Q: We’re having a real fight with our insurance company over whether they’ll cover a claim. Here’s what happened: Our tenants told us that animals had apparently gotten under the house. The tenants heard scratching and other telltale noise.
Sure enough, we sent out an exterminator, who removed a skunk’s nest. We also had to do some repairs, because the skunks had helped themselves to insulation and other material to make their nest. It was pretty expensive — but the insurance company, pointing to the part of our policy that excludes coverage for damage due to "vermin," won’t honor the claim. –Mike M.
A: Whether your insurance company’s position is correct will depend on whether skunks are properly considered "vermin." To find out, we need to do a bit of research. And, wouldn’t you know it, the answer isn’t really clear.
Most definitions of the term describe vermin as various small animals, like rats or cockroaches, which are destructive, annoying or injurious to human health. In particular, vermin are animals that compete with humans for food.
The word’s origin is the Latin word vermis, meaning worm; and the term may have been associated with the worm-like larvae of certain insects that contaminate food. Vermin are also objectionable critters, and difficult to control.
The challenge of this definition is that it depends on the animal’s relationship to human food, not on any specific characteristics that an animal must have in order to qualify as vermin. This means that the critters that can be classified as vermin will vary depending on locale, and also on human habits.
For instance, pigeons that subsist on pretzel scraps and hot dog buns in Central Park may be considered vermin, but a wild pigeon in its native habitat would not.
So, are your unwelcome skunk guests vermin or not? Though they did help themselves to construction materials, they certainly weren’t eating your food.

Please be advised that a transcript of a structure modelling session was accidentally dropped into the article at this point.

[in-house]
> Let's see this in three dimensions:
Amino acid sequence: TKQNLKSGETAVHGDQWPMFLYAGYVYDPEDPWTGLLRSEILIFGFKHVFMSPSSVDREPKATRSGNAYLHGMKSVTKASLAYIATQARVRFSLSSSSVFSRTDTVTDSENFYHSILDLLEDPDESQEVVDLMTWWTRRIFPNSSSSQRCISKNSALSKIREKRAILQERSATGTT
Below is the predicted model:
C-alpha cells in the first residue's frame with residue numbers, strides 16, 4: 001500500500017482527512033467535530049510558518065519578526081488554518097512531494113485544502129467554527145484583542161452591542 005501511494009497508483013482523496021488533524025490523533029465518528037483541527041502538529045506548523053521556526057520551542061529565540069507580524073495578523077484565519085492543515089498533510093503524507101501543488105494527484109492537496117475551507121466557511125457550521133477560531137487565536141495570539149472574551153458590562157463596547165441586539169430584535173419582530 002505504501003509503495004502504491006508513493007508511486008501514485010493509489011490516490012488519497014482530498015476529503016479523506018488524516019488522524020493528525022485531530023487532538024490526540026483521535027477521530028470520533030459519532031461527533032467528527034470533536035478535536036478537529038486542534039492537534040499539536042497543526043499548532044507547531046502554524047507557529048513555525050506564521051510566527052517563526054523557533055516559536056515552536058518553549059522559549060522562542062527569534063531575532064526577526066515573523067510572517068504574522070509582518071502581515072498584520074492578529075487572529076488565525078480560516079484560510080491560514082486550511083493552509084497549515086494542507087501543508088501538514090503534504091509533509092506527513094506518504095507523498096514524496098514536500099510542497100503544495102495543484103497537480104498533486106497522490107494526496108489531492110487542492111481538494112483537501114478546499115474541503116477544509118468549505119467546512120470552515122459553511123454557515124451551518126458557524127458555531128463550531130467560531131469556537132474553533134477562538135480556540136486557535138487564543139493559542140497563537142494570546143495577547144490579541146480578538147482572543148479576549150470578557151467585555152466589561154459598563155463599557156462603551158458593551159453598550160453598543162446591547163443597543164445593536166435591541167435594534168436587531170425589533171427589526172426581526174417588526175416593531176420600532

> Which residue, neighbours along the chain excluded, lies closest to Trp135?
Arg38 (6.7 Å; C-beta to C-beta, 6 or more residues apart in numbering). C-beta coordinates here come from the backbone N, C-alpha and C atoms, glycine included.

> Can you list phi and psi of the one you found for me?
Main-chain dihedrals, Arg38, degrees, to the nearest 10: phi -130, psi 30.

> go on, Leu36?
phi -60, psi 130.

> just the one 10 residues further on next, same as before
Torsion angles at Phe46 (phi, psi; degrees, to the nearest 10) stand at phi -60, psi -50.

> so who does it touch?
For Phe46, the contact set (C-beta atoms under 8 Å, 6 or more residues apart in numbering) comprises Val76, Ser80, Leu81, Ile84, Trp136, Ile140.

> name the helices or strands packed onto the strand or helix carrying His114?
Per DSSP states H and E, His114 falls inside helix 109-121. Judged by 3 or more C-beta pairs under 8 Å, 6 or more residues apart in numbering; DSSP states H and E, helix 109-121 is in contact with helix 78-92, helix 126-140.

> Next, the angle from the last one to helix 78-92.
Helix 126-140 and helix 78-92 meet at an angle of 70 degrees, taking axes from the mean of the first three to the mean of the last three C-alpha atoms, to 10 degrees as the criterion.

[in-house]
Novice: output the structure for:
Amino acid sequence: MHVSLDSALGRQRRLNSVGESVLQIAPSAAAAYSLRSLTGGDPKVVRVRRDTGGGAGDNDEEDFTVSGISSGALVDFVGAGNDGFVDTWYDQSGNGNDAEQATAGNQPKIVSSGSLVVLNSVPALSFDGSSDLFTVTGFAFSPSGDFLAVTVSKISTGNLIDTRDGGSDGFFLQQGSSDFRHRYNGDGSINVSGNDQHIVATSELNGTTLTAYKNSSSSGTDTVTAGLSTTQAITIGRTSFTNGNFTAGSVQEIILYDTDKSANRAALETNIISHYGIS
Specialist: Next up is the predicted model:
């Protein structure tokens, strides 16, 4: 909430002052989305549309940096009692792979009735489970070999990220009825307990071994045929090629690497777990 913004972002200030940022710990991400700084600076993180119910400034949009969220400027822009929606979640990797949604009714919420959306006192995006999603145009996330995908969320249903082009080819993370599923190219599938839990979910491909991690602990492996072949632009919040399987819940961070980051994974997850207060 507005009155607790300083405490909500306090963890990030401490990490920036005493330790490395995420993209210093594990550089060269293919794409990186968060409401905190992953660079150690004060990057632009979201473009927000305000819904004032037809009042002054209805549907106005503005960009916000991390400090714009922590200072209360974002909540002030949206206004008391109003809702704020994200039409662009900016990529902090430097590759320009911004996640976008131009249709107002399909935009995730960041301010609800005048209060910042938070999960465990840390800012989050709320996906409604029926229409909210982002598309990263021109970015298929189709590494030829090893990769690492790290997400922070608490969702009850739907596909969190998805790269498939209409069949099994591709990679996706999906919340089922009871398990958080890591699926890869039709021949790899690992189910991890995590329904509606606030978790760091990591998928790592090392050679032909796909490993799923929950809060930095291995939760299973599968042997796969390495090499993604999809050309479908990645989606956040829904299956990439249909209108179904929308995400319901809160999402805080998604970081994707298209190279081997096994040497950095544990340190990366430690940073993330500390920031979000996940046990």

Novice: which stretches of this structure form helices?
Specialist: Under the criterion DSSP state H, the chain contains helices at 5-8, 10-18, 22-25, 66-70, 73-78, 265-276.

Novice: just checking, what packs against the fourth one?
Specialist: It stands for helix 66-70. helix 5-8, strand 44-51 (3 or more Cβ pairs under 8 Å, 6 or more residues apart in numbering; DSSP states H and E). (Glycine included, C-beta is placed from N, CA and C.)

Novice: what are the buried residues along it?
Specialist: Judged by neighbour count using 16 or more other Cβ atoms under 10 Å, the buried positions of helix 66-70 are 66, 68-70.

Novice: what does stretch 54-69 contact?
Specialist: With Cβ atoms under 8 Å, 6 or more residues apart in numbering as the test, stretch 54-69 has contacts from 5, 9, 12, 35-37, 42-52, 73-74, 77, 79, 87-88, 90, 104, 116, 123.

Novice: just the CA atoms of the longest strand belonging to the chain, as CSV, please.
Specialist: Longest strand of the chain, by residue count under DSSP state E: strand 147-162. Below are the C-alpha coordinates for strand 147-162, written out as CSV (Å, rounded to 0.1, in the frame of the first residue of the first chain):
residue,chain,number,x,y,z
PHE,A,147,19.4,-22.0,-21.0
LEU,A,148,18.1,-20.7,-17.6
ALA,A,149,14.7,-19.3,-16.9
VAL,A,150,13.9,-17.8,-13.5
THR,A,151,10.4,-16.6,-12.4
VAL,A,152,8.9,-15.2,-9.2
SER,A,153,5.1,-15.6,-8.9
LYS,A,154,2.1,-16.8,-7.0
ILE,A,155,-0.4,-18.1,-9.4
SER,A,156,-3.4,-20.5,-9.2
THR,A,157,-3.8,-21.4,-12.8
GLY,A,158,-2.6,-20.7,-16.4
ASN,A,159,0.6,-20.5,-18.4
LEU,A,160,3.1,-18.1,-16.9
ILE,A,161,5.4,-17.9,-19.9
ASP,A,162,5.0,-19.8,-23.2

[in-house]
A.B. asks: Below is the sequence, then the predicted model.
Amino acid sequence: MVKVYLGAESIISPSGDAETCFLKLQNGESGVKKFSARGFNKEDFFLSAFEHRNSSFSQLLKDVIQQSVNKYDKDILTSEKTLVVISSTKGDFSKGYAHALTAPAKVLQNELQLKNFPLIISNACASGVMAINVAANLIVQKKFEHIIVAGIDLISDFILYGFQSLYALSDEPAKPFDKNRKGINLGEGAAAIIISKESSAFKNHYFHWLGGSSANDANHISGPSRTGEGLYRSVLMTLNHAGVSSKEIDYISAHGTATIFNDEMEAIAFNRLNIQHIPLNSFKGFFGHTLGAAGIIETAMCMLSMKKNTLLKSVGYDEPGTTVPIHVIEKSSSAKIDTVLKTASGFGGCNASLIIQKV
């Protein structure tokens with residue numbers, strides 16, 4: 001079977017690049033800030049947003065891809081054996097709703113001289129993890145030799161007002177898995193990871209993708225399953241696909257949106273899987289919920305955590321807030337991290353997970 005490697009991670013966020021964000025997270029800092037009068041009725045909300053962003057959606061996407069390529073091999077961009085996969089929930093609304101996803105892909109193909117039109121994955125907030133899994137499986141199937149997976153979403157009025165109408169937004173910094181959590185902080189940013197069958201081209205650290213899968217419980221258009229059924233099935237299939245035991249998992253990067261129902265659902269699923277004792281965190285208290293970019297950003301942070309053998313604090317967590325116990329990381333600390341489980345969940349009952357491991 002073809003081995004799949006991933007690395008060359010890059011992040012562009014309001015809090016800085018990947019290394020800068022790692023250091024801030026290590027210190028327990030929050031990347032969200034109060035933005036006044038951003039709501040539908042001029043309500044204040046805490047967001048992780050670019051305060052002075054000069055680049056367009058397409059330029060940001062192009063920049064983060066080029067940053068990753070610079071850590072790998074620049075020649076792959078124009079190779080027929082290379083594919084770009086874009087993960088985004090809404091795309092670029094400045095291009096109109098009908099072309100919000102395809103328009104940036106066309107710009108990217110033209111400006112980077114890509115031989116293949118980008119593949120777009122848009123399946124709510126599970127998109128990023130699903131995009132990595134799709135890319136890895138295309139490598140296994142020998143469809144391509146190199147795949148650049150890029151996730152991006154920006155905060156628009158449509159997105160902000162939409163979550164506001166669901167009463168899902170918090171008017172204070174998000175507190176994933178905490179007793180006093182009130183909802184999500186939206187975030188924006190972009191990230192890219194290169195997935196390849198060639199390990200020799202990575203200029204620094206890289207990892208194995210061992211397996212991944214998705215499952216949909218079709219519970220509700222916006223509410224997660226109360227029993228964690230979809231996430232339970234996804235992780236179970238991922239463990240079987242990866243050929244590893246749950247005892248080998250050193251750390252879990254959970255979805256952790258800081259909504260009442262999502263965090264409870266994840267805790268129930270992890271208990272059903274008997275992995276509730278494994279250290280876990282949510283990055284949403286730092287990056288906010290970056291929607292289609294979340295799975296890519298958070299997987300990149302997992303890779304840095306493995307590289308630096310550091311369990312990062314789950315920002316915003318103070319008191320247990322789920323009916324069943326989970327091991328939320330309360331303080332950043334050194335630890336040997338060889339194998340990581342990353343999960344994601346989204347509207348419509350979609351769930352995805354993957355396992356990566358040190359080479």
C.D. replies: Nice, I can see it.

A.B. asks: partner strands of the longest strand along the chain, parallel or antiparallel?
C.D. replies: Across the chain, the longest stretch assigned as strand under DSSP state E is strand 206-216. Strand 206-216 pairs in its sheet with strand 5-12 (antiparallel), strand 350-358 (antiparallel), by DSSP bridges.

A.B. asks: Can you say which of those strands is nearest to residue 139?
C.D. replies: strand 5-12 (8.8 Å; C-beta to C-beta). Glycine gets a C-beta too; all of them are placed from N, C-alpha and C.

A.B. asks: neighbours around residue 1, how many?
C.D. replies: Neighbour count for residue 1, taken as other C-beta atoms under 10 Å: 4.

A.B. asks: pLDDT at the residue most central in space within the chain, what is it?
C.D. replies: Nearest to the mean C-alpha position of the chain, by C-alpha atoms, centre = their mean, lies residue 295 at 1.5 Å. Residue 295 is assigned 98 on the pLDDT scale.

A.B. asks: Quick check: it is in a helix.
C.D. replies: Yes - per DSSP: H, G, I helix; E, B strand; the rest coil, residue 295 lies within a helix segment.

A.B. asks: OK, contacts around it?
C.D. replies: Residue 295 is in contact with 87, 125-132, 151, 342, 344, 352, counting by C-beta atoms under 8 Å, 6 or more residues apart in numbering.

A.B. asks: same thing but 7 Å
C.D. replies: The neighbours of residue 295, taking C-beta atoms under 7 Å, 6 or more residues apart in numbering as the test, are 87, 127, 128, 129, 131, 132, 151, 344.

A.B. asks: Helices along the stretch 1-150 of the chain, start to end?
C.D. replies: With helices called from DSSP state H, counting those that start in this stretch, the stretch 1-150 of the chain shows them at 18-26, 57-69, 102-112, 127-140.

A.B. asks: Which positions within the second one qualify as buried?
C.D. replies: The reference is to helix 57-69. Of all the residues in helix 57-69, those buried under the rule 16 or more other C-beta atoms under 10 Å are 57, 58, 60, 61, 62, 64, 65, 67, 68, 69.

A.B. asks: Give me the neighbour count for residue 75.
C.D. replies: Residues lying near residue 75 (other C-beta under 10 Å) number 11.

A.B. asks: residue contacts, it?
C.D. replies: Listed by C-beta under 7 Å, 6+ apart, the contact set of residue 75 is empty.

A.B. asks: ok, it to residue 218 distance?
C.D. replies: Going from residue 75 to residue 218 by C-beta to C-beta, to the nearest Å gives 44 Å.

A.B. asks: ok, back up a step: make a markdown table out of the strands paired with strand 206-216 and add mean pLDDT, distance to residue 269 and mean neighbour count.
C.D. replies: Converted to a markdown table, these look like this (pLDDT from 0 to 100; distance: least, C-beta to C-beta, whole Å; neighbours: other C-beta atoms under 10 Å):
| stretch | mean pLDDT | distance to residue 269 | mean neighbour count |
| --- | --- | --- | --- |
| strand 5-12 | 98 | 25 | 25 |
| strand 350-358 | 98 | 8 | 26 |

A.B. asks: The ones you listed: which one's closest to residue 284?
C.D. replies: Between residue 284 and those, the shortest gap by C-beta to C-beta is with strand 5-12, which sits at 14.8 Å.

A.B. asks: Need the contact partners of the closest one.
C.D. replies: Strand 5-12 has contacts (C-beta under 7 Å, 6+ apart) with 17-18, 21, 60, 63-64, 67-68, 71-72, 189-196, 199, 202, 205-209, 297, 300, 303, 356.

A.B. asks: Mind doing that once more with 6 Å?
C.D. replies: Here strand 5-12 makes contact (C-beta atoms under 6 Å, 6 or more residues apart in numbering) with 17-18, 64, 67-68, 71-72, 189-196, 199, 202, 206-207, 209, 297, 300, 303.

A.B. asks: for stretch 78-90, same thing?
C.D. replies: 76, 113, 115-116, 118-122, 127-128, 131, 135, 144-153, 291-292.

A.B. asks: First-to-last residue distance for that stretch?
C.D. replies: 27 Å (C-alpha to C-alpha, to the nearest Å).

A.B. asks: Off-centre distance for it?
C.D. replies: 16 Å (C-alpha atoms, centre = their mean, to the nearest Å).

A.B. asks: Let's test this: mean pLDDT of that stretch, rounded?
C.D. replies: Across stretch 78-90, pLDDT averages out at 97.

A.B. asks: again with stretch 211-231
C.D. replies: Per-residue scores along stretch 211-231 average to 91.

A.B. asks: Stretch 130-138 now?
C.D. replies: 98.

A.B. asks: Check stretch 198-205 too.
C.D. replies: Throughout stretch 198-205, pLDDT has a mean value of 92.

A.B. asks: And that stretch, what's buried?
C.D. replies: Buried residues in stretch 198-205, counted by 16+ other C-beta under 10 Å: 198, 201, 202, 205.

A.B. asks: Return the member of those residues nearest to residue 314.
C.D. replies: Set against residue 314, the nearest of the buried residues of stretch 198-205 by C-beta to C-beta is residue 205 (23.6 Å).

And, although they were destructive and annoying, your tenants don’t assert that they posed a threat to their health. Before venturing further, we’d need to know whether the skunk population in the area was normal or inflated due to, say, the suppression of predators or other factors (the more the skunks appear to be part of a skunk population explosion, the more they begin to look like vermin).
It’s interesting to note that future homeowners insurance policies will not include the term "vermin" when specifying the kinds of infestations that will not be covered.
Recognizing that the term is too difficult to pin down, the Insurance Services Industry (the association that writes insurance forms and clauses) will begin replacing the term "vermin" with "nesting animals." When those policies are used, it will at least be clear that damage due to animals that form a nest will not be covered. But methinks I spy the next challenge: What, exactly, is a "nest"?
Q: After I lost my job and my husband had his hours cut, we had trouble paying the rent. Our son’s illness put us into deep financial trouble, and we had to declare bankruptcy. Now the landlord is trying to collect the back rent and evict us. What should we do? –Ester and Paul P.